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Improved almond spraying reduces pesticide movement

Improved almond spraying reduces pesticide movement

Improving the accuracy and efficacy of spray applications for pest control results not only in better control and more returns to growers, but it can also reduce the environmental impact of almond farming by minimizing off-site movement of pesticides through drift or deposition to the orchard floor.

A number of collaborative research studies funded by the Almond Board of California are confirming much of what we already know about improving the efficacy of applied pesticides while reducing off-site movement from the orchard.

Improving the accuracy and efficacy of spray applications for pest control results not only in better control and more returns to growers, but it can also reduce the environmental impact of almond farming by minimizing off-site movement of pesticides through drift or deposition to the orchard floor.

The Almond Board has funded two complementary projects since 2010 that, so far, are showing simple modifications, such as slowing sprayer speeds, reducing spray volume, and modifying nozzle configuration, can significantly improve the efficacy of hullsplit sprays for in-season navel orangeworm control while reducing off-target movement.

Narrow control window

Navel orangeworm (NOW) is the primary insect pest in almonds, but control through in-season sprays has been challenging due to the narrow time frame for treatment combined with the difficulty of achieving adequate insecticide coverage. Newer selective chemistries have become available to almond growers over the last five years to improve in-season options for control of navel orangeworm, but more than ever these selective chemistries require good coverage for optimum control.

Research spearheaded by USDA ARS entomologist Joel Siegel of the Areawide Navel Orangeworm Program has shown that NOW spray efficacy declines significantly in the upper canopy because of the drop-off in spray coverage above 16 feet. Growers should take this into consideration when putting together a NOW control program that includes hullsplit sprays. Siegel’s research is focused in part on finding ways to improve penetration and coverage into the upper canopy.

Mel Machado, fieldman for Blue Diamond Growers in Northern Stanislaus and San Joaquin Counties, says poor sprayer calibration and high speeds are two of the common mistakes he and other Blue Diamond fieldmen see as they visit orchards in the Central Valley.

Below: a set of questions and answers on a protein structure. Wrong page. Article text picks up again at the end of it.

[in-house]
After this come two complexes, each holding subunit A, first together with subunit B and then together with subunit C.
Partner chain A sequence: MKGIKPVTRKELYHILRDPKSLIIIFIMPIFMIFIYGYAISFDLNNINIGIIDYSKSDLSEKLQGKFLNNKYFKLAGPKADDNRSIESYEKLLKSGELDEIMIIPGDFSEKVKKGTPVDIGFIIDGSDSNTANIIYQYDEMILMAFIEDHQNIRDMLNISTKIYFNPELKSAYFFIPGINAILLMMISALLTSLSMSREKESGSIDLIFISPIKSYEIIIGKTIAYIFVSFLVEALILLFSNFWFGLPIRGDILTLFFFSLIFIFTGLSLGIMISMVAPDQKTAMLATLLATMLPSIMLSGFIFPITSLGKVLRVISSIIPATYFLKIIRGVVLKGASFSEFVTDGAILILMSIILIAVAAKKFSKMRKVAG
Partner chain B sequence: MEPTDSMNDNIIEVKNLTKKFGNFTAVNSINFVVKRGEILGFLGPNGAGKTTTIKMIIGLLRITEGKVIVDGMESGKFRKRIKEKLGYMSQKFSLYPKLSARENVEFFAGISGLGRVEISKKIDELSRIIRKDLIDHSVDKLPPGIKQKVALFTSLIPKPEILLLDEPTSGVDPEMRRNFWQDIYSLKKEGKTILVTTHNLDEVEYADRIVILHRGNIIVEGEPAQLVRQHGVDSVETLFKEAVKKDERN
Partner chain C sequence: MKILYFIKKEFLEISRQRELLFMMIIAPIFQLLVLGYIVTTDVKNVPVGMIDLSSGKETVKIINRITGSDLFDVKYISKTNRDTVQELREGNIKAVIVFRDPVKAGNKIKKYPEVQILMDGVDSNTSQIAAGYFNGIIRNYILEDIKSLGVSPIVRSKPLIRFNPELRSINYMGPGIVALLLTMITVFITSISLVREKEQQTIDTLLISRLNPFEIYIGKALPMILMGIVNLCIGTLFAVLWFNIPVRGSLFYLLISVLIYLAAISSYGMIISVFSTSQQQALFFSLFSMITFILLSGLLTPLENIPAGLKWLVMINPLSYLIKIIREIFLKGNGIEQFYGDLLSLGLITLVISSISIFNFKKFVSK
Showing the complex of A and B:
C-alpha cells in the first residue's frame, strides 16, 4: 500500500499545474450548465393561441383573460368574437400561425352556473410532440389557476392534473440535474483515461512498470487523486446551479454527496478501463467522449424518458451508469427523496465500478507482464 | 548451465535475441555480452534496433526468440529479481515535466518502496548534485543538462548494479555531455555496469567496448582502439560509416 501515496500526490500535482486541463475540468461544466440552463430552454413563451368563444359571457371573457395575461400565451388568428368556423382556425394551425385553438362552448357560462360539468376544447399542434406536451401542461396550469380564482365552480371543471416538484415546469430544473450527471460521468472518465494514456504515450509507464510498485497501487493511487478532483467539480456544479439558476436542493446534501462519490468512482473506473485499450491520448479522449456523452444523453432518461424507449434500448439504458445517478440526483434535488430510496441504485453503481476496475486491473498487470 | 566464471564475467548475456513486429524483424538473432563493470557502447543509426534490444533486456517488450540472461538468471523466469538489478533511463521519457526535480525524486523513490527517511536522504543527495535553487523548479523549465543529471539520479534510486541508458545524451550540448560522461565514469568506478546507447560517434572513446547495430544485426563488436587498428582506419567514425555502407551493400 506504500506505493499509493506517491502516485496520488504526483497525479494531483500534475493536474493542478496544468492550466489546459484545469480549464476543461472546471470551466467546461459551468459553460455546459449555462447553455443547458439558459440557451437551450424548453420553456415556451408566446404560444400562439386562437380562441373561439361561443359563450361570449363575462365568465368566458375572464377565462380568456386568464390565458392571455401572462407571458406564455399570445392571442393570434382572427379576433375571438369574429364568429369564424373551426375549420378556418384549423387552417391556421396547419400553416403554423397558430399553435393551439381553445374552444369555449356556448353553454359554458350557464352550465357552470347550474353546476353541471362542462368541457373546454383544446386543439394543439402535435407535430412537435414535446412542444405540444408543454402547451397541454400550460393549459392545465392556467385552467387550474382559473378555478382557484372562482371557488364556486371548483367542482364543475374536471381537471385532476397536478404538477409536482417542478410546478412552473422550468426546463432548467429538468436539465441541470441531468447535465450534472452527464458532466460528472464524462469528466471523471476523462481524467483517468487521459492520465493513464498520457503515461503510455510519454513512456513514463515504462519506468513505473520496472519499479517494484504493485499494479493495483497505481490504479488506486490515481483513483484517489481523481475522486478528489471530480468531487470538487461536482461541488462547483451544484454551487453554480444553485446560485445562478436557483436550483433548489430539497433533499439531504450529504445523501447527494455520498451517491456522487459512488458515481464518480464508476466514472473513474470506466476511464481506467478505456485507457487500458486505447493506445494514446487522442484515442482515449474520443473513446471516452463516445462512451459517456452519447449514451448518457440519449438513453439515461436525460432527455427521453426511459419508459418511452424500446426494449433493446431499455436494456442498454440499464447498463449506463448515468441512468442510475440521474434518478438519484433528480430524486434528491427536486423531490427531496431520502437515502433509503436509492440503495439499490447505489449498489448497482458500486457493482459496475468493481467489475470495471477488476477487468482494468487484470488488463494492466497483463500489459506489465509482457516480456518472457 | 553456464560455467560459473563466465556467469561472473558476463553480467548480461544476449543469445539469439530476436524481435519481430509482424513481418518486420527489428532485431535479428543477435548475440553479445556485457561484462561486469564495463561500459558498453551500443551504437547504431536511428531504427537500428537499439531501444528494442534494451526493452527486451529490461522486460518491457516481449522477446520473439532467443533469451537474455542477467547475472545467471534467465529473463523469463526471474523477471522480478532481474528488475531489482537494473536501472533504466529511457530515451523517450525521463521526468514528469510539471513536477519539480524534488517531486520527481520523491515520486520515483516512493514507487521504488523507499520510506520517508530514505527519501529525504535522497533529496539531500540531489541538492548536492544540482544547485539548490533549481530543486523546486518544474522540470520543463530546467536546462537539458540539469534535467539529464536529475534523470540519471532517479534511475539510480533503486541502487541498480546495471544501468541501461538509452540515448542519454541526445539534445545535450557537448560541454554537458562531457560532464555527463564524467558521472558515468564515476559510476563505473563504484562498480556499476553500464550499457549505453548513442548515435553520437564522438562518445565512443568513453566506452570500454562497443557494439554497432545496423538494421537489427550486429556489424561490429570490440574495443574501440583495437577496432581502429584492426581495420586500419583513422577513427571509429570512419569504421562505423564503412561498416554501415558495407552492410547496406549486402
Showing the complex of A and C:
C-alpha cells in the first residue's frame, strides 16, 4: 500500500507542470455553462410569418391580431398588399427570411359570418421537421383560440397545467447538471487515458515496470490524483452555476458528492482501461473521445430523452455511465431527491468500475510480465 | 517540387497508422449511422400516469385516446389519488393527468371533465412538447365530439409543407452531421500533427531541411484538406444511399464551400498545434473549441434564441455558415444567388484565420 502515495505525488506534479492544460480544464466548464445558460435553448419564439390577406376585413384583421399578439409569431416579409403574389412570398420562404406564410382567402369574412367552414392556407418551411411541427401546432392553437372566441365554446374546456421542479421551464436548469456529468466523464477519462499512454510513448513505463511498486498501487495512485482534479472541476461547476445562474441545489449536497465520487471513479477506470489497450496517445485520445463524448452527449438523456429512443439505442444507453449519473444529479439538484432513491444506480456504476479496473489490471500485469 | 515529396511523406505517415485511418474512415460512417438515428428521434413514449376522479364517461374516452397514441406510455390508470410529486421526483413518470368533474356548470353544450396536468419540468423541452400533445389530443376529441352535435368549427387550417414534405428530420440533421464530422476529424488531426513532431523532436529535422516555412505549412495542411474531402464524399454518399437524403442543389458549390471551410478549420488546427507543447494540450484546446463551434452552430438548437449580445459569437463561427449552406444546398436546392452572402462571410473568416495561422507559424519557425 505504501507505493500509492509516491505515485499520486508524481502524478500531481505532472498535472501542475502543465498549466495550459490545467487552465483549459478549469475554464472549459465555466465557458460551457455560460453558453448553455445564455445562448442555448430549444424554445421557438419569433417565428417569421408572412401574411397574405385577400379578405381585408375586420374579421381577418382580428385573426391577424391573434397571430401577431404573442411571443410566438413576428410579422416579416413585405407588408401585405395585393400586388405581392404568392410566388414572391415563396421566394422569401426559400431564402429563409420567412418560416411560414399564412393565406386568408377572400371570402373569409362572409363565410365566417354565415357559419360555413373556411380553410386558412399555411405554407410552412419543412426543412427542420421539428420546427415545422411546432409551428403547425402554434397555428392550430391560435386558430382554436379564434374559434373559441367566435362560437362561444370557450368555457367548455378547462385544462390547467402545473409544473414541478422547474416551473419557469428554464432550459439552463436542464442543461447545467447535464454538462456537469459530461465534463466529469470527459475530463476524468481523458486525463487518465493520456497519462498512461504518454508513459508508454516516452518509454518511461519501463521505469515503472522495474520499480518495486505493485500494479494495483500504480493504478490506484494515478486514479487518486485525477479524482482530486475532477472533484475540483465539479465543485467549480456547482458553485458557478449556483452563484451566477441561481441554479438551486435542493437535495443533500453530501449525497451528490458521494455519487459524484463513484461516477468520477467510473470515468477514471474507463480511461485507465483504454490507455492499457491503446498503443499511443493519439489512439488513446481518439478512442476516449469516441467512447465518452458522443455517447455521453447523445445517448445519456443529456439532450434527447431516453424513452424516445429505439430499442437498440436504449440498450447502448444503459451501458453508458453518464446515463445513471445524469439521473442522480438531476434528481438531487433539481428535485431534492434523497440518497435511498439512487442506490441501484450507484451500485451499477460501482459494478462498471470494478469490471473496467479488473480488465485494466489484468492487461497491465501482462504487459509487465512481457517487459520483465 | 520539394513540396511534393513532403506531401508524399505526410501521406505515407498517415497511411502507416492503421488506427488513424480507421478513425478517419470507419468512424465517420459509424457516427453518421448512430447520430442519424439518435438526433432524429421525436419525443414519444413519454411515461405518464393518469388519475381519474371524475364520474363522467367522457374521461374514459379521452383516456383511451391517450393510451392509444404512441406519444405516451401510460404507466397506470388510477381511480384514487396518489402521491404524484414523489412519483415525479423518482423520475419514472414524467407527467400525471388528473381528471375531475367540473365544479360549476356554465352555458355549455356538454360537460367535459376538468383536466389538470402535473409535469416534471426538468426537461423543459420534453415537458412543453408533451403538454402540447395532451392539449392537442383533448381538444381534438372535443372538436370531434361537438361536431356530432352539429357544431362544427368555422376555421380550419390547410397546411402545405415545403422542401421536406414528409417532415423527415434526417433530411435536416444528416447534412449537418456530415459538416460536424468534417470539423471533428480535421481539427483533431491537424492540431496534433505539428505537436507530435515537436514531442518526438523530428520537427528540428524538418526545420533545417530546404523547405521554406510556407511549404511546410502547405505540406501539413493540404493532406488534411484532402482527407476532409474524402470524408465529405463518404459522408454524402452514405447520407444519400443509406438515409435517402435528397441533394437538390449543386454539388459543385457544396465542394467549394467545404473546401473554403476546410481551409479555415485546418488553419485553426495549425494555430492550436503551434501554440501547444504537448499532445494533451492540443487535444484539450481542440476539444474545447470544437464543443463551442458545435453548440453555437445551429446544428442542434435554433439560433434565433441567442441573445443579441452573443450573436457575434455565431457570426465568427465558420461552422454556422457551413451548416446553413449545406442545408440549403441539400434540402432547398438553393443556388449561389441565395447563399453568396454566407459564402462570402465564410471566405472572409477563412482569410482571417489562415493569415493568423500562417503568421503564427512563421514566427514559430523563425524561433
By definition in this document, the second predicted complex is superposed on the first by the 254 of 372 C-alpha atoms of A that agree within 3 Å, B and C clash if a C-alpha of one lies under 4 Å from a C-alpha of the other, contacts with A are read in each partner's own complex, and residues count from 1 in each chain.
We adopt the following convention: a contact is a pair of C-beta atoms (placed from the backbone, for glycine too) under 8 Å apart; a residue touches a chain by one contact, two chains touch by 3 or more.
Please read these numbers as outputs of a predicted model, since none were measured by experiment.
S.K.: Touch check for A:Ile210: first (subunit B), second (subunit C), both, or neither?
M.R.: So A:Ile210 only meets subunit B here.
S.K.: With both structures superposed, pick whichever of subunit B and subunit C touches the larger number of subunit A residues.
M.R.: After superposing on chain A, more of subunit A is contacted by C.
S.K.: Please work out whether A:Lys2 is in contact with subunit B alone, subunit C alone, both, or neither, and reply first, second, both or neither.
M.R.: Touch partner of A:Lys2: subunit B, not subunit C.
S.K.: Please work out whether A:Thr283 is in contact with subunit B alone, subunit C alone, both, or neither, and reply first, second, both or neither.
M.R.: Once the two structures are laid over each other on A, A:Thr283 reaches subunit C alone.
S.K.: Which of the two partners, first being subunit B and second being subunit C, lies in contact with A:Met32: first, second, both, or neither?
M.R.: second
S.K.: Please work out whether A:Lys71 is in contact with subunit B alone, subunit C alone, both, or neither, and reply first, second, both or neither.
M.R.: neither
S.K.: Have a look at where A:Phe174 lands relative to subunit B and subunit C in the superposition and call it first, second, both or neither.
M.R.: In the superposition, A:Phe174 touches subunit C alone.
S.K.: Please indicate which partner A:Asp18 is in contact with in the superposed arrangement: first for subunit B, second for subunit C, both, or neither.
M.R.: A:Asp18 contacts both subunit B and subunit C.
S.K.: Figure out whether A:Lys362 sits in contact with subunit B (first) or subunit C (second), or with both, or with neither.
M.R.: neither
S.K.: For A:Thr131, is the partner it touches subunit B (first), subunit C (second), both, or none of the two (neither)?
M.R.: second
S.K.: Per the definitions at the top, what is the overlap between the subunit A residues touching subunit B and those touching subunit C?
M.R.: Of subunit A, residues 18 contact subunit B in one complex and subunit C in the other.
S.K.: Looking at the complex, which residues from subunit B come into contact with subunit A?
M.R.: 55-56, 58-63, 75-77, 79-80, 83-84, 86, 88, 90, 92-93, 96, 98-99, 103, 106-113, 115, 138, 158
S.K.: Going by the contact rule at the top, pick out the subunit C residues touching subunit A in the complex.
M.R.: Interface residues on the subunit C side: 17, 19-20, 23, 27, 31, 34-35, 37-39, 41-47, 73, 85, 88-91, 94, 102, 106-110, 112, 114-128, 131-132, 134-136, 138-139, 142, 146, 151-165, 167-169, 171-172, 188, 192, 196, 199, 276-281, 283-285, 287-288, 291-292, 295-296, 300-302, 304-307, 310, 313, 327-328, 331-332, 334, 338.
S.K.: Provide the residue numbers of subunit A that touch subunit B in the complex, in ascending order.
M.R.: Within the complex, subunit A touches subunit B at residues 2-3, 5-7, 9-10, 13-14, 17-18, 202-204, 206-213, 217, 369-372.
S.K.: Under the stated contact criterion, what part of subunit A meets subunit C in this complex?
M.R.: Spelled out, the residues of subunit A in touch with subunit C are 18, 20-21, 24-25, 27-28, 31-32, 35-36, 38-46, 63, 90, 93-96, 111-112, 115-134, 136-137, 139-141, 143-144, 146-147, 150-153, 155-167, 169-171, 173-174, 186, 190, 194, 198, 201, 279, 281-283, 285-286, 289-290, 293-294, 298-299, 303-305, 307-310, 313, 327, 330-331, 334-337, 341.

Especially for pests such as navel orangeworm, where the slightest difference in control can have major implications on razor thin margins for rejects, operating the sprayer at the optimum speed is critical.

Speed adjustment

Siegel’s research demonstrated that a slight speed increase from 2 mph to 2.5 mph reduced insecticide coverage by as much as 32 percent, demonstrating that a slight difference in tractor speed can have a significant impact. Siegel’s research also suggests that the use of two nozzles at each position on a spray rig can significantly improve insecticide coverage and allow the applicator to apply insecticide at a reduced volume.

Ken Giles, with the UC Davis Department of Biological and Agricultural Engineering, is leading complementary studies by a team of researchers with a combined interest in improving pest control economics and efficacy while reducing spray drift and environmental impacts. Giles found that NOW survival rates were three times greater when spray was applied at rig speeds of 2.4 mph compared to 1.8 mph. These differences were most noticeable in nuts obtained from the upper canopy. Off-site spray drift was also slightly higher at the higher rate of speed.

Giles also found benefits at slower speeds in directing two-thirds of the spray volume to the top five nozzles rather than directing that proportion to the top three nozzles.

Lower volume, better efficacy

Lower volume, better efficacy

Giles’ project looks at off-site movement of applied sprays under various spray operations and sprayer configurations. This study finds that reducing spray volume of hullsplit sprays also appears to increase the efficacy of applied sprays while significantly reducing drift and deposition of sprays to the orchard floor, where they may find their way into nearby surface waterways.

He compared hullsplit sprays at a conventional volume of 100 gallons per acre with reduced application volume of 50 gallons per acre applied at the recommended 2-mile-per-hour speed.

Movement of pesticides to the orchard floor was cut in half for the 50 GPA rate versus the 100 GPA spray treatment. Spray drift was also reduced dramatically in the area surrounding the orchard footprint for the 50 GPA spray. Both treatments provided excellent control of NOW up to 14 days after treatment within the lower portion of the canopy. While NOW survival was less than 1 percent one day after treatment in the upper canopy, it was significantly higher two weeks after treatment, ranging from 5 percent to 11 percent, depending on the treatment.

Results from these initial studies suggest that minor changes to ground speed, spray volume, sprayer setup and nozzle configuration can have profound impacts on the efficacy of in-season sprays while improving the environmental stewardship of almond spray programs.

Results of these newer studies will need to be replicated over a number of years and various conditions. But initial findings are encouraging that improved control of navel orangeworm at hullsplit with selective chemistries while reducing environmental impacts is possible without significant changes or investment in capital equipment.

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